Bipartisan bill aims to address food insecurity among older adults while helping local farmers
ALBUQUERQUE, N.M. — A bipartisan bill that’s making its way through the legislature aims to address food insecurity among older adults. Senate Bill 185 would provide seniors with healthy foods while supporting local farmers.
“In 2019 there was a little bit of money, like $50,000, that went to one of the state agencies to work with senior centers in only three counties. That was San Juan, Socorro, and Sandoval counties,” said Sen. Liz Stefanics (D-District 39).
A pilot version of the program aimed to get fresh produce to older adults with the help of 15 senior centers across three counties that purchased food from local farmers.
“We literally did the pilot program in the middle of the winter and in the middle of COVID, and the senior centers, the three pilot counties were incredible,” said Pam Roy, executive director of the nonprofit Farm to Table.
If passed, SB 185 would provide $250,000 to help expand the program across the state.
“Only 10% of the funds that are appropriated can go to the administration of the program, and the rest of the money is secured for fruits and vegetables, and for our farmers,” said Sen. Stefanics.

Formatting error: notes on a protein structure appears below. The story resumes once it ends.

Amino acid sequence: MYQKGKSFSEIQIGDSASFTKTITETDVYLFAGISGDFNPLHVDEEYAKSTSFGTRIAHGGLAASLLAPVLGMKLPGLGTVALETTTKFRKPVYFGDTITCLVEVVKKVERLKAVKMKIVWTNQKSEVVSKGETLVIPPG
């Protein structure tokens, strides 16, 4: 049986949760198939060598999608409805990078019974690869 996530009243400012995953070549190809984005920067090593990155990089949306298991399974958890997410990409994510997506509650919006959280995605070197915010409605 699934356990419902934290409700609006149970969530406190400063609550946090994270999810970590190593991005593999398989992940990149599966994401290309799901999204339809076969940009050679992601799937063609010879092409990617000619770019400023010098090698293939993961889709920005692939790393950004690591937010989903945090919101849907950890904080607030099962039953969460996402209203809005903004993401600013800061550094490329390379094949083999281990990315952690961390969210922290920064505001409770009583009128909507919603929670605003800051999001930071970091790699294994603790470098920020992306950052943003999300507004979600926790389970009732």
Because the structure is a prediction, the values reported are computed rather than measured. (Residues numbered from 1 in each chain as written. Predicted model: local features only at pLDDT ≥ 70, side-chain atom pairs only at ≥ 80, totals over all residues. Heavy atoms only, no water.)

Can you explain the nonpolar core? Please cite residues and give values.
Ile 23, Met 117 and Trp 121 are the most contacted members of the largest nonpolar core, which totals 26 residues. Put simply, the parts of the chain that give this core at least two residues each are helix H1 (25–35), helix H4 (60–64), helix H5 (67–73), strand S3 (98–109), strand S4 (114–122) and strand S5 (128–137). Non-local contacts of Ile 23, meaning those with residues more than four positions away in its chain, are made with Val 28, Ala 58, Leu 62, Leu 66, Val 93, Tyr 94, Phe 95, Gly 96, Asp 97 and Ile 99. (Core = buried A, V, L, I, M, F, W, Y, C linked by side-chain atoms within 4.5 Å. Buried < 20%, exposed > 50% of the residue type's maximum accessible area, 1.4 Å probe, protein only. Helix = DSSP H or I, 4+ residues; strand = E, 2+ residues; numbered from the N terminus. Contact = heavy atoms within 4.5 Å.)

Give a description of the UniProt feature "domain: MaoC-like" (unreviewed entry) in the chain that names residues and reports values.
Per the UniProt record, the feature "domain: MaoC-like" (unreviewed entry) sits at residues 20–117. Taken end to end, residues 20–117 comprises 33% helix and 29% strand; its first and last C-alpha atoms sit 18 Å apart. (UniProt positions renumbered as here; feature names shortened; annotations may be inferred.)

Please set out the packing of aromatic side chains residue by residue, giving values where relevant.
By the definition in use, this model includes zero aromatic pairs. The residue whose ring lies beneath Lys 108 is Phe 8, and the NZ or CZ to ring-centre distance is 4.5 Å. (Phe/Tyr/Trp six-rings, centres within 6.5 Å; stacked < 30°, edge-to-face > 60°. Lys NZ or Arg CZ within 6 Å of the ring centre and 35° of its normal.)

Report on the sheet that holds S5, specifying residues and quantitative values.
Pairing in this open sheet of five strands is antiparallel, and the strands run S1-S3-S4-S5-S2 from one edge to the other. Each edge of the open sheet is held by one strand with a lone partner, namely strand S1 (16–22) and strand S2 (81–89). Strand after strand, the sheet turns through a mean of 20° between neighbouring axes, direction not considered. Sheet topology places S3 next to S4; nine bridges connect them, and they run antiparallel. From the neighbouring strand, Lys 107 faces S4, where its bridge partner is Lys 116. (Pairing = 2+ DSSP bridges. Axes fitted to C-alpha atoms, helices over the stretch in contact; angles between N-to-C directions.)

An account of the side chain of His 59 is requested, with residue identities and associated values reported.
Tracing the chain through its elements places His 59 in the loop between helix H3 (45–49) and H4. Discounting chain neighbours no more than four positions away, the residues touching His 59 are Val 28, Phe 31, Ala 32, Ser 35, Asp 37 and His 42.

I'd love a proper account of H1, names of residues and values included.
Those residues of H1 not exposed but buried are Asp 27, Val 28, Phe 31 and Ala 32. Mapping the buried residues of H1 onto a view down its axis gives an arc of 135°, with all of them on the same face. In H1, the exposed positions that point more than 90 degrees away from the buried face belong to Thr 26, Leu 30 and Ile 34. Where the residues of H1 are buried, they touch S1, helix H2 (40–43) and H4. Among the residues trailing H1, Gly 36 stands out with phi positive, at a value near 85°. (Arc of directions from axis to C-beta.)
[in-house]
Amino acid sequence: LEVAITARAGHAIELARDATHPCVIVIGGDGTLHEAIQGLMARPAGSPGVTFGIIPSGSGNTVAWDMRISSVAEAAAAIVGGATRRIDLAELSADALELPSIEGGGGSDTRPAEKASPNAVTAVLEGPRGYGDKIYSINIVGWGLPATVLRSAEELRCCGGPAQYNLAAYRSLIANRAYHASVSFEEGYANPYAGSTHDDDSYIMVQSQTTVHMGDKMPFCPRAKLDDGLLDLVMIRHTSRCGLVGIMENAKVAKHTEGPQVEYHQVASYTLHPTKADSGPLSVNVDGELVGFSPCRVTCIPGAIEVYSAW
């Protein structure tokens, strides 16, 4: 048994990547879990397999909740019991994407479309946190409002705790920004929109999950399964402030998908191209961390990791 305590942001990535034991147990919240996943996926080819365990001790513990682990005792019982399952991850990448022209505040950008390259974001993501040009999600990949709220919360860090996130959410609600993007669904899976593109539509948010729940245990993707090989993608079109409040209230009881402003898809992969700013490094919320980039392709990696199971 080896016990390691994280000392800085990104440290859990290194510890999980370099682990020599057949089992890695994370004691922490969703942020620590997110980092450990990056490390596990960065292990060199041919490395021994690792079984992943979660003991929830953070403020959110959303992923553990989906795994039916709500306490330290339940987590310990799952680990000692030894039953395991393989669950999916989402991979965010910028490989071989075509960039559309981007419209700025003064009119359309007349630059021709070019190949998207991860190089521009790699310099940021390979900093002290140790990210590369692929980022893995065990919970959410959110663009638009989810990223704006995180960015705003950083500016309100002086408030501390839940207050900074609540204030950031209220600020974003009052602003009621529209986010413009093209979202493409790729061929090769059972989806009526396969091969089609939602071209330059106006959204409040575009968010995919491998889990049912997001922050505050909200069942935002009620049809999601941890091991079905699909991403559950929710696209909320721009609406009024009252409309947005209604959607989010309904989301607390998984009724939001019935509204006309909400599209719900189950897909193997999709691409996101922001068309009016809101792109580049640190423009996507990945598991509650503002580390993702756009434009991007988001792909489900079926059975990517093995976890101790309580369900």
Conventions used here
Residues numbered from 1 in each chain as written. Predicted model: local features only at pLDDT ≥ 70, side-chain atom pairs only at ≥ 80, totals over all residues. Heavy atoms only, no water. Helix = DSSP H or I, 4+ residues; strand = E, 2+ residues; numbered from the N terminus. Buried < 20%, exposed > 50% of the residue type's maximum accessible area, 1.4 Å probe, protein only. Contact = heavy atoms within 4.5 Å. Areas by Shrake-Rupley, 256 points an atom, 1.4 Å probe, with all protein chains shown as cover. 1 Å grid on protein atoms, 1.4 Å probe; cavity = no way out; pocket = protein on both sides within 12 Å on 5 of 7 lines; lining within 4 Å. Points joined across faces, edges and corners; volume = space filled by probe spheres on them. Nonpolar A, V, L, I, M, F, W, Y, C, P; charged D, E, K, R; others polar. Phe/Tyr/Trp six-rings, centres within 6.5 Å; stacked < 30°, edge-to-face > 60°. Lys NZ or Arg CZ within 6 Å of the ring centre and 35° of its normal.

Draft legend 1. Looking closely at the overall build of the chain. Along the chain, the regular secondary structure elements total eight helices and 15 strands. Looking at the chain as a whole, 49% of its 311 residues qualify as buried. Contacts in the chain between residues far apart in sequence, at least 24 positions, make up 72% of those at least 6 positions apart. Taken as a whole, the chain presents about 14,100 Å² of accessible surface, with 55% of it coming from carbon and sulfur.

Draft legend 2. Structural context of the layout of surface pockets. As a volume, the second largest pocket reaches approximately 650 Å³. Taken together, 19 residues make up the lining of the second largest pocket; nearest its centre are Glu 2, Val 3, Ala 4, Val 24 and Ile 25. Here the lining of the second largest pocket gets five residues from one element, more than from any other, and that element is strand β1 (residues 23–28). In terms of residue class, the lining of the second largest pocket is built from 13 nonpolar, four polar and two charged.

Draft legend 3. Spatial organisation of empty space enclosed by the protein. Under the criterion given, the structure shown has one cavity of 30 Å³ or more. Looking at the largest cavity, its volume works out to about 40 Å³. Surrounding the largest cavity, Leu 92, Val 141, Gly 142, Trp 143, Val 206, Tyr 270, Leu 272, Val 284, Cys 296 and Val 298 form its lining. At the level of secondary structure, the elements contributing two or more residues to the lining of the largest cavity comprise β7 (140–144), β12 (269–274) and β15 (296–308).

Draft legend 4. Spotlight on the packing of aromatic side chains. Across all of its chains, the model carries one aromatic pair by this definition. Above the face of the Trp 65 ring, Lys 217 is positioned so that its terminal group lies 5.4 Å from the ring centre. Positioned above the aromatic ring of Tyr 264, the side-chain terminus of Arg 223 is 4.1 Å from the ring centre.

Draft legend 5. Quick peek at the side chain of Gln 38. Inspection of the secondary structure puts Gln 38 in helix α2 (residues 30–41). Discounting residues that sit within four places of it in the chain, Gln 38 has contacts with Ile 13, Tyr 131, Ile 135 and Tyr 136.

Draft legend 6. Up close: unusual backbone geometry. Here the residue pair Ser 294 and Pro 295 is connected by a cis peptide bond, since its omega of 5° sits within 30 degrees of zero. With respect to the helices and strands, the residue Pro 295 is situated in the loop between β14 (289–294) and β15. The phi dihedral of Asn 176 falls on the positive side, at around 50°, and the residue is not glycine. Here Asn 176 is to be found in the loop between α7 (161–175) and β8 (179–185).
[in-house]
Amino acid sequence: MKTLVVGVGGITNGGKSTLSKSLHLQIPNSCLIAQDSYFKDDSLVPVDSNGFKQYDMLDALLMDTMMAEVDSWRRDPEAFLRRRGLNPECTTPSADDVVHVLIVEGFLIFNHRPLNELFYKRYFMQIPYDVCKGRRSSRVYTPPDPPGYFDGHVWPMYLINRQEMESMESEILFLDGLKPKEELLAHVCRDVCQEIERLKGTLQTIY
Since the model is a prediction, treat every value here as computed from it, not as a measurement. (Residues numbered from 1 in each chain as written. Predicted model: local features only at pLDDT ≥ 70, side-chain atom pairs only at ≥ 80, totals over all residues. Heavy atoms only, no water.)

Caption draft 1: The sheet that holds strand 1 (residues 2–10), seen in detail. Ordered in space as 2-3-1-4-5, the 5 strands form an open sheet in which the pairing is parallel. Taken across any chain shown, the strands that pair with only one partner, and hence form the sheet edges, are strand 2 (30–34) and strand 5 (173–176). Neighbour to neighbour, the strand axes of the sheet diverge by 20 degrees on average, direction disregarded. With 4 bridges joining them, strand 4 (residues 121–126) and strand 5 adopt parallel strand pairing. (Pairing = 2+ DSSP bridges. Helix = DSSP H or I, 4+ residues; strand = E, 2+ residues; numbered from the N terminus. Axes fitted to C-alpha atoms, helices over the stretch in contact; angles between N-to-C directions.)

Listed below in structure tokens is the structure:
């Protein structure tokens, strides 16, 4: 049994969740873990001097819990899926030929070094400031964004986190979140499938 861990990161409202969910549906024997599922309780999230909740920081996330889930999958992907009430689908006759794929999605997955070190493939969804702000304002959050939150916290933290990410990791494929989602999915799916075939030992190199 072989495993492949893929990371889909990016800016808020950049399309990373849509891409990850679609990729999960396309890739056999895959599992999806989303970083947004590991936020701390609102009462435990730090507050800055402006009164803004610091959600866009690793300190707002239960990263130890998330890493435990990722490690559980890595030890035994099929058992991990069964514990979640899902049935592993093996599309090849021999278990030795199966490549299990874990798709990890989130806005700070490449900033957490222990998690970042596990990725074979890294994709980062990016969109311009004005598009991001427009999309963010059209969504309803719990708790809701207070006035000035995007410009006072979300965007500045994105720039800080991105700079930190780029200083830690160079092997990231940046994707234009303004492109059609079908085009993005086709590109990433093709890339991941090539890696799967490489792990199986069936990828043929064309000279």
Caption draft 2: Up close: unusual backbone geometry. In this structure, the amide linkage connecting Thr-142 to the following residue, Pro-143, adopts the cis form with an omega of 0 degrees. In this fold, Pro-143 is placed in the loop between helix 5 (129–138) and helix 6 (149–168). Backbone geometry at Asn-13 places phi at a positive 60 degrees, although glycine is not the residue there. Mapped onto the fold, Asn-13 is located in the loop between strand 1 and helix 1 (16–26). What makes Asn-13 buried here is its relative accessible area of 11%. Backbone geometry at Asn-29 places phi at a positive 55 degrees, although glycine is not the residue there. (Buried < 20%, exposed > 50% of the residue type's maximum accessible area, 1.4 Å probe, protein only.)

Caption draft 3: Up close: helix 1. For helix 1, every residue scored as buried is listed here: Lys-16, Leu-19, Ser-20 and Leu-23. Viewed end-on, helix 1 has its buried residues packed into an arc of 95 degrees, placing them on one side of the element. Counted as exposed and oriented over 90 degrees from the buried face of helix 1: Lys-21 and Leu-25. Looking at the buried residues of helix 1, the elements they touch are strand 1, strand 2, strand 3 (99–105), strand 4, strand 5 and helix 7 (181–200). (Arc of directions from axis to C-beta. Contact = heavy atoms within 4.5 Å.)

The pandemic has only continued to widen the gap in food insecurity. According to state data, there has been a 127% increase in senior participation in meal programs.
“These senior service providers have been out there since March doing those grab-and-go meals and the home delivered meals, and they really could use that supported additional funding to feed their seniors,” said Denise King, with the State Aging and Long-Term Services Department.
New Mexico is expected to see an even greater need in services. The state is ranked third for the fastest growing aging population in the country.
“Getting the healthy nutrition into their meals at the senior center is supporting the combat to the chronic health conditions that our senior population faces,” King said.
Additionally, buying produce from local farmers means a boost to the state’s economy.
A similar program in schools included about $425,000 in funding, but local municipalities contributed more dollars.
“Through our K through 12 program, New Mexico grown program, last year, school districts purchased $1.15 million,” Roy said.
The bill is currently awaiting action from the Senate Finance Committee.
“Everybody in the entire state wants to see the economy grow again. We want to put money into the pockets of the people of our state who’ve lost it, so this is really twofold,” added. Sen. Stafanics.